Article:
Black People : First Black Marines Finally Honored

Discussion in 'Black People Open Forum' started by Kemetstry, Jun 28, 2012.

  1. Kemetstry

    Kemetstry going above and beyond PREMIUM MEMBER

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    Montford Point Marines take home Congressional Gold Medal

    By Jim Michaels, USA TODAY

    WASHINGTON – Some relied on walkers, others canes. But they all struggled to their feet Thursday as the color guard passed and the Marine Band began playing in their honor.
    • [​IMG]
      By Craig L. Moran
      Lt. Gen. Robert P. Neller presents a congressional gold medal to a member of the Montford Point Marines during a ceremony held at the Marine Corps Barracks in Washington, D.C.
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    By Craig L. Moran​
    Lt. Gen. Robert P. Neller presents a congressional gold medal to a member of the Montford Point Marines during a ceremony held at the Marine Corps Barracks in Washington, D.C.​
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    Under hazy skies, the Marine Corps honored more than 400 African-American Marines, many of whom served during World War II and are now well into their 80s. The men went to a segregated boot camp, called Montford Point, and served in all-black units afterward.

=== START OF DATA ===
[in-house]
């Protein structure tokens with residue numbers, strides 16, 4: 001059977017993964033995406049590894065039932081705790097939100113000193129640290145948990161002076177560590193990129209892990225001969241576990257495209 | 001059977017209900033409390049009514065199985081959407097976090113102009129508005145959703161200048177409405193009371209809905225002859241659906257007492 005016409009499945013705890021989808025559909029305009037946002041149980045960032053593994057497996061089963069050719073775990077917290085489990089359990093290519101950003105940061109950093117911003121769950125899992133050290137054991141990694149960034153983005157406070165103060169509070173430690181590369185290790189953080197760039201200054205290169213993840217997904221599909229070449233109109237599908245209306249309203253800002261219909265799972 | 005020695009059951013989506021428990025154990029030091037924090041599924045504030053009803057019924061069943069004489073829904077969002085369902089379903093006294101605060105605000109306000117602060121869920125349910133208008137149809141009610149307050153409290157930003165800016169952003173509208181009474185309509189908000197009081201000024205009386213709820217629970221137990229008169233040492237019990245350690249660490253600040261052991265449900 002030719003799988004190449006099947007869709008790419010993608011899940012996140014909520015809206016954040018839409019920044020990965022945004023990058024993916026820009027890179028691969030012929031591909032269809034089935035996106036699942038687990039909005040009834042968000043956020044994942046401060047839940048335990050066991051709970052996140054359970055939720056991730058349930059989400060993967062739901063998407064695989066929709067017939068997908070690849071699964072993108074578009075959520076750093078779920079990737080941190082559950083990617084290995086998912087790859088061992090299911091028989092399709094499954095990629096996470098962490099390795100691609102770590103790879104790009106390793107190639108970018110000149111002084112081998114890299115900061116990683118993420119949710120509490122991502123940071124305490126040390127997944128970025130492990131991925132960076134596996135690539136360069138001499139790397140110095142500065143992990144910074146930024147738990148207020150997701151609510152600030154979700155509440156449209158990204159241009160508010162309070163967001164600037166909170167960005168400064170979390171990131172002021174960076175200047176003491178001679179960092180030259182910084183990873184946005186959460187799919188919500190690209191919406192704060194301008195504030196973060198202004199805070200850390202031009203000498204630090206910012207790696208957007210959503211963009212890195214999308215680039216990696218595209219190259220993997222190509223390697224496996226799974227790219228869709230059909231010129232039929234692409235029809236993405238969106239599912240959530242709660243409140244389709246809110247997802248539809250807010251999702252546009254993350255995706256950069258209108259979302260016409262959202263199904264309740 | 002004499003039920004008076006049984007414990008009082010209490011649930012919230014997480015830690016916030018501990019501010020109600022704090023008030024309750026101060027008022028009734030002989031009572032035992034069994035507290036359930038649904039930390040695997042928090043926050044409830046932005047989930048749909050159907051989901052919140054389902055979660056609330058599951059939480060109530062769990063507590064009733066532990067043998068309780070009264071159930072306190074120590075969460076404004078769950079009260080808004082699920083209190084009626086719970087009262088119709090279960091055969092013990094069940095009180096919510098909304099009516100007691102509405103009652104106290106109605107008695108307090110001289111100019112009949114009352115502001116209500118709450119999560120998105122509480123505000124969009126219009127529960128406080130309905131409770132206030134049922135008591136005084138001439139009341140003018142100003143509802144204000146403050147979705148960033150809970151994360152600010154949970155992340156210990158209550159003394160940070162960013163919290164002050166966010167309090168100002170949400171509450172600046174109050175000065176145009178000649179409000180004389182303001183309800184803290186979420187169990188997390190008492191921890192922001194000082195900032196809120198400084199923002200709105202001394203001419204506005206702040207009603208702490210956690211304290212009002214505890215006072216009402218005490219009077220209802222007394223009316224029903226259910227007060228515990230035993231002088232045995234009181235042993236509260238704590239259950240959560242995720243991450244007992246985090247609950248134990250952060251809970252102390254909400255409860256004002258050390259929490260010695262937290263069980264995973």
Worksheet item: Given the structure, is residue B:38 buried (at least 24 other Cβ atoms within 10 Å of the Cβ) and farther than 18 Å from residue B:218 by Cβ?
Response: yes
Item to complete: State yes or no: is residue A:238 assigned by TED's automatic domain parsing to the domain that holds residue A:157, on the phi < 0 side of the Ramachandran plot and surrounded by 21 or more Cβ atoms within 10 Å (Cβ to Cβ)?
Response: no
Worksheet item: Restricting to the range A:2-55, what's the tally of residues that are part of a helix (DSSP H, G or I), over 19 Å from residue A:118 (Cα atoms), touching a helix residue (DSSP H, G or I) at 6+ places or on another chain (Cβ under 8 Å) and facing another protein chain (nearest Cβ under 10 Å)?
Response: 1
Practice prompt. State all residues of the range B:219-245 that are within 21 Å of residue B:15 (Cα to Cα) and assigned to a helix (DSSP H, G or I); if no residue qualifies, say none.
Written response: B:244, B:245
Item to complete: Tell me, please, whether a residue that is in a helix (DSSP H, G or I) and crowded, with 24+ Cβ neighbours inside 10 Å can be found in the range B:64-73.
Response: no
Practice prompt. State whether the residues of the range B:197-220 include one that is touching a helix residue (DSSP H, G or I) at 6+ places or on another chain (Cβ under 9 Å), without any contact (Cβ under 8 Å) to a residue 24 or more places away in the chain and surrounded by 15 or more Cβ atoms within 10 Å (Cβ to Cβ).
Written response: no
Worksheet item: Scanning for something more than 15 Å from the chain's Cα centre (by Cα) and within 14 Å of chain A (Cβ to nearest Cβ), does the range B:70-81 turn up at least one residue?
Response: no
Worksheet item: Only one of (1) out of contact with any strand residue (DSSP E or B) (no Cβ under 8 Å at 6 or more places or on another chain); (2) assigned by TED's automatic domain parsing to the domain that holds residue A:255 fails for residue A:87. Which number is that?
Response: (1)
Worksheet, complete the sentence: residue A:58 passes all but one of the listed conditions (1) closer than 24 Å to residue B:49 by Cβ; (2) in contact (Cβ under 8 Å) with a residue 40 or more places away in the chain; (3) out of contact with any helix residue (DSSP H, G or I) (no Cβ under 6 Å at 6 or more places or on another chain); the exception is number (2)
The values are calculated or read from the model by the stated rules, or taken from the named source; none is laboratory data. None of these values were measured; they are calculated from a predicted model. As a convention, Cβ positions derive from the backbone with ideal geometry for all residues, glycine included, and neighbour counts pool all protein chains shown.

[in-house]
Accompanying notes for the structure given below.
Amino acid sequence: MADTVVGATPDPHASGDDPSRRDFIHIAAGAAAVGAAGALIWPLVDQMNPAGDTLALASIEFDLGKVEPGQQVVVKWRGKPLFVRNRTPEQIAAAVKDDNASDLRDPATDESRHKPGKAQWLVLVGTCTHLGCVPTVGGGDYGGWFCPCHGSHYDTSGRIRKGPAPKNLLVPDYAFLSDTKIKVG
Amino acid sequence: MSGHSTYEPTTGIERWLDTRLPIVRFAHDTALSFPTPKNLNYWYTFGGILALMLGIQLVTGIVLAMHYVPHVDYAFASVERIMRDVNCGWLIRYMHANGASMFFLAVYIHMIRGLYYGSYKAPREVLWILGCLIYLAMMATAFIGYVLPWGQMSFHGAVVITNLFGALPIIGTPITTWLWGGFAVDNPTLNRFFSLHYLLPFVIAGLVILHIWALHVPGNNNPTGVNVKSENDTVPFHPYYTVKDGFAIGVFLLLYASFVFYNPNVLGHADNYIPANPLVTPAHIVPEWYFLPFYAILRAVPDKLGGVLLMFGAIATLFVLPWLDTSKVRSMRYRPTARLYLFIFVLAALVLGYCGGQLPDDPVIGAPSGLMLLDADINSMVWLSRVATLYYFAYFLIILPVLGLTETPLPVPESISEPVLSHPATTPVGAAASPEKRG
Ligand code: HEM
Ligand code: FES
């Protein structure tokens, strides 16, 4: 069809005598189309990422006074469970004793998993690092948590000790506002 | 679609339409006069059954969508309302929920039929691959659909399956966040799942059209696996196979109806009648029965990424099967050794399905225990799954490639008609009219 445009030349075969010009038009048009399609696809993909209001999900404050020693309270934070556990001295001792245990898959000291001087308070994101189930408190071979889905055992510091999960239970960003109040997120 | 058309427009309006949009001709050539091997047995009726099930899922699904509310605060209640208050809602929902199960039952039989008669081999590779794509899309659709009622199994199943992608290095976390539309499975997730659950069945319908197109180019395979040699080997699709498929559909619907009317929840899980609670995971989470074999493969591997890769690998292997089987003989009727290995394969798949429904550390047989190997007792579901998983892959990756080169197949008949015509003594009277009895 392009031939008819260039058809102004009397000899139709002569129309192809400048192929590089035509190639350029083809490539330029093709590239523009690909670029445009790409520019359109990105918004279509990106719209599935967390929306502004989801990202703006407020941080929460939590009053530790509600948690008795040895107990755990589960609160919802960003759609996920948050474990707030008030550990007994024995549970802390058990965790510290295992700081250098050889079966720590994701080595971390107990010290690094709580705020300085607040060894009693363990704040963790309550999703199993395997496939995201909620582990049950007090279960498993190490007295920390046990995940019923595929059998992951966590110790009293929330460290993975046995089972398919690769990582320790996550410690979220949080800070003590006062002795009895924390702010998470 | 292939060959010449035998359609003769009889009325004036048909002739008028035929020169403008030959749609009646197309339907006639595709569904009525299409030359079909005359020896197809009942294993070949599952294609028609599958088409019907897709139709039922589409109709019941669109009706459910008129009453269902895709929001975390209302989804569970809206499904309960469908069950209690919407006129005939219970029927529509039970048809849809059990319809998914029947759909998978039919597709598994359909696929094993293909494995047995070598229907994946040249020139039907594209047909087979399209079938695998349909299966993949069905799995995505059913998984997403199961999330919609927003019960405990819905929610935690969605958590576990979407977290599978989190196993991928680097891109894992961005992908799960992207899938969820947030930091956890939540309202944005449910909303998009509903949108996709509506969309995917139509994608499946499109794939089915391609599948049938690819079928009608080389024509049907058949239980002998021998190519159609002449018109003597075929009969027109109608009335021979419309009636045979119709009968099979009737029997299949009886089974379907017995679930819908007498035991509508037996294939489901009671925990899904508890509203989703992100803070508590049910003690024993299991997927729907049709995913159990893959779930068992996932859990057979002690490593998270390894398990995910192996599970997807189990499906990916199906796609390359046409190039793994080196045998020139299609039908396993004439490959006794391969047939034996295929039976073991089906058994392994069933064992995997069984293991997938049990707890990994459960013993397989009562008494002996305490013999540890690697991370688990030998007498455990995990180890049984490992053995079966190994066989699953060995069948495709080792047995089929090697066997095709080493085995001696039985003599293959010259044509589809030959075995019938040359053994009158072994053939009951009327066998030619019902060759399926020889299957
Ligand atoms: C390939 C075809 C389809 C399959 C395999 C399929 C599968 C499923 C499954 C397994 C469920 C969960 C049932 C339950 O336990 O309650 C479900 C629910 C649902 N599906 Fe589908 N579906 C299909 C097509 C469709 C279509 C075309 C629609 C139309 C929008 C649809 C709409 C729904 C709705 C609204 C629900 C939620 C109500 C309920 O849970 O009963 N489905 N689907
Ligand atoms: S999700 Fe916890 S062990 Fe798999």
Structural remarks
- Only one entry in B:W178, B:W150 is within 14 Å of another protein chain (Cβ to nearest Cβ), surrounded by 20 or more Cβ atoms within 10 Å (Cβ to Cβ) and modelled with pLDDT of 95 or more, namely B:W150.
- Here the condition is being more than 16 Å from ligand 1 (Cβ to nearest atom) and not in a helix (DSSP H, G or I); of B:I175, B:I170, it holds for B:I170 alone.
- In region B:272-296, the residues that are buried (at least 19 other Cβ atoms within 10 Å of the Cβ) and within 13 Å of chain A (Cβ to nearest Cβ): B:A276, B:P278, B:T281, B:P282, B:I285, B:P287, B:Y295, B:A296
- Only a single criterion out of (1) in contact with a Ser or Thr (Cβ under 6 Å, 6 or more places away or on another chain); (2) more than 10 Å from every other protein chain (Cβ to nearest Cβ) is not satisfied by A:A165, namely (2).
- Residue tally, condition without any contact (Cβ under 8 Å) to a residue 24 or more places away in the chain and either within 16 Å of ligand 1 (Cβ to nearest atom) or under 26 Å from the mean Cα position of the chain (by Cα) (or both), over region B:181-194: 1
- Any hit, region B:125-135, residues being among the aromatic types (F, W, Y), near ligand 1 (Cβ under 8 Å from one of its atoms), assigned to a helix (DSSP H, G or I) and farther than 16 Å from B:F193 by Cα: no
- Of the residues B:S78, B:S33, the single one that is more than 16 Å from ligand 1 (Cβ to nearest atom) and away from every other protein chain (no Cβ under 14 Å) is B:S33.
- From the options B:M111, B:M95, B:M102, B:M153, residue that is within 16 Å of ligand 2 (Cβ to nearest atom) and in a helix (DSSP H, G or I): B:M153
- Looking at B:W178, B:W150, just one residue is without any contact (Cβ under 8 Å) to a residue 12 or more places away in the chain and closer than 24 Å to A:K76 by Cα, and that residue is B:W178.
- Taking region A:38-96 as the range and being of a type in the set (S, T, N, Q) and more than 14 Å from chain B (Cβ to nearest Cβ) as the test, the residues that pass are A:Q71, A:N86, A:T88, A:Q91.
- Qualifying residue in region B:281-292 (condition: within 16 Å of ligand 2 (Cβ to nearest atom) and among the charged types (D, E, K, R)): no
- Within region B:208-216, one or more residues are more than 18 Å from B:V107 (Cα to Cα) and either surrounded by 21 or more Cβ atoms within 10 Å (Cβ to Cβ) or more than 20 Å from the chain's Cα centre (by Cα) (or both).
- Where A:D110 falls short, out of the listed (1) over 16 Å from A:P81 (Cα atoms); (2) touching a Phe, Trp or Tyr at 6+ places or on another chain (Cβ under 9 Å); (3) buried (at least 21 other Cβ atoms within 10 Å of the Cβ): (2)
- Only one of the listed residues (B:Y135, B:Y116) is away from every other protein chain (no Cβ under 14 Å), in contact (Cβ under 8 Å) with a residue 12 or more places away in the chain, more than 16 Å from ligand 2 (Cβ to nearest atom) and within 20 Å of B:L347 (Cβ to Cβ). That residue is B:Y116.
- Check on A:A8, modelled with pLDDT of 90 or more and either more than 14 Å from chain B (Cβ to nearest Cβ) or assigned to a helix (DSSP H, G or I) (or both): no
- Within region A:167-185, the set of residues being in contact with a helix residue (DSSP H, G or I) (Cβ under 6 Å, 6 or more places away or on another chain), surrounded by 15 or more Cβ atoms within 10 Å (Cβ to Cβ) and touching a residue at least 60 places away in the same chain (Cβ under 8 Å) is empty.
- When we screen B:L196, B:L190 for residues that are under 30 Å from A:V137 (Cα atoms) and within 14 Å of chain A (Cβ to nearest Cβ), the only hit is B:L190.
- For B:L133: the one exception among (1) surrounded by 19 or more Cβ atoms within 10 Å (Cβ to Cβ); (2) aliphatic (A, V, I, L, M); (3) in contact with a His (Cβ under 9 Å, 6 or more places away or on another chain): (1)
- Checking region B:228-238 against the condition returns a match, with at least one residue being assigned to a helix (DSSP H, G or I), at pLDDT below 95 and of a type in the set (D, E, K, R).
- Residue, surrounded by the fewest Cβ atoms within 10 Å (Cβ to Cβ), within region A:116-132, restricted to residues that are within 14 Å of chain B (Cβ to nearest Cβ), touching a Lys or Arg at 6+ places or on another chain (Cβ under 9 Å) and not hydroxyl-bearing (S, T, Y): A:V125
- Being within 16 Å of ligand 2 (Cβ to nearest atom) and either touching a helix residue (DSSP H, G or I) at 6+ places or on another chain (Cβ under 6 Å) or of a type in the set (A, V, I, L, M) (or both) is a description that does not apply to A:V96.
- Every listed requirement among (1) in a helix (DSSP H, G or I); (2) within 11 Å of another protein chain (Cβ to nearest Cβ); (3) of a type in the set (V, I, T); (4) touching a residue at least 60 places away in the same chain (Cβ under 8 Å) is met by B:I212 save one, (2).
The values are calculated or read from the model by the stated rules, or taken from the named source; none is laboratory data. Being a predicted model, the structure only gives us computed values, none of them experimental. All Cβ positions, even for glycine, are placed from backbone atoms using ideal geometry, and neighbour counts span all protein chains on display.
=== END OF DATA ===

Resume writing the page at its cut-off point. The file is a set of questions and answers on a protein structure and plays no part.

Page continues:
"I never thought this day would ever come," said George Kidd, 87, who entered the Marines in 1943 and was sent to Montford Point. "They could never bestow any greater recognition than this."
    The Montford Point Marines, as they are sometimes known, received the Congressional Gold Medal on Wednesday. William "Jack" McDowell of Long Beach accepted the medal on behalf of all Montford Point veterans.
    During a ceremony Thursday at the Marine barracks not far from the Capitol Building, Marine general officers walked down the ranks of Montford Point Marines, presenting replicas of the medal — the nation's highest civilian honor — to each veteran.
    The Montford Point Marines never had a prominent place in history like the Tuskegee Airmen, black pilots who flew during World War II, or the Buffalo Soldiers, African-American units that fought during the Indian wars. In recent years, the Marine Corps became determined to change that.
    "I've been looking for this for 69 years," said Andrew Miles, 86, pointing to the medal hanging around his neck. "I feel good now. I can go away peacefully."
    About 20,000 Marines passed through Montford Point from 1942 and 1949, when it was closed and recruit training was integrated. Most of the African-American Marine units were support or guard units, but that made little difference in places such as Iwo Jima, where everyone with a rifle fought.
    Some encountered racism when they returned from overseas. Many tell of being refused service by Red Cross workers who were handing out free coffee when they traveled on troop trains in the United States. On the way to Montford Point they had to sit in special rail cars reserved for blacks.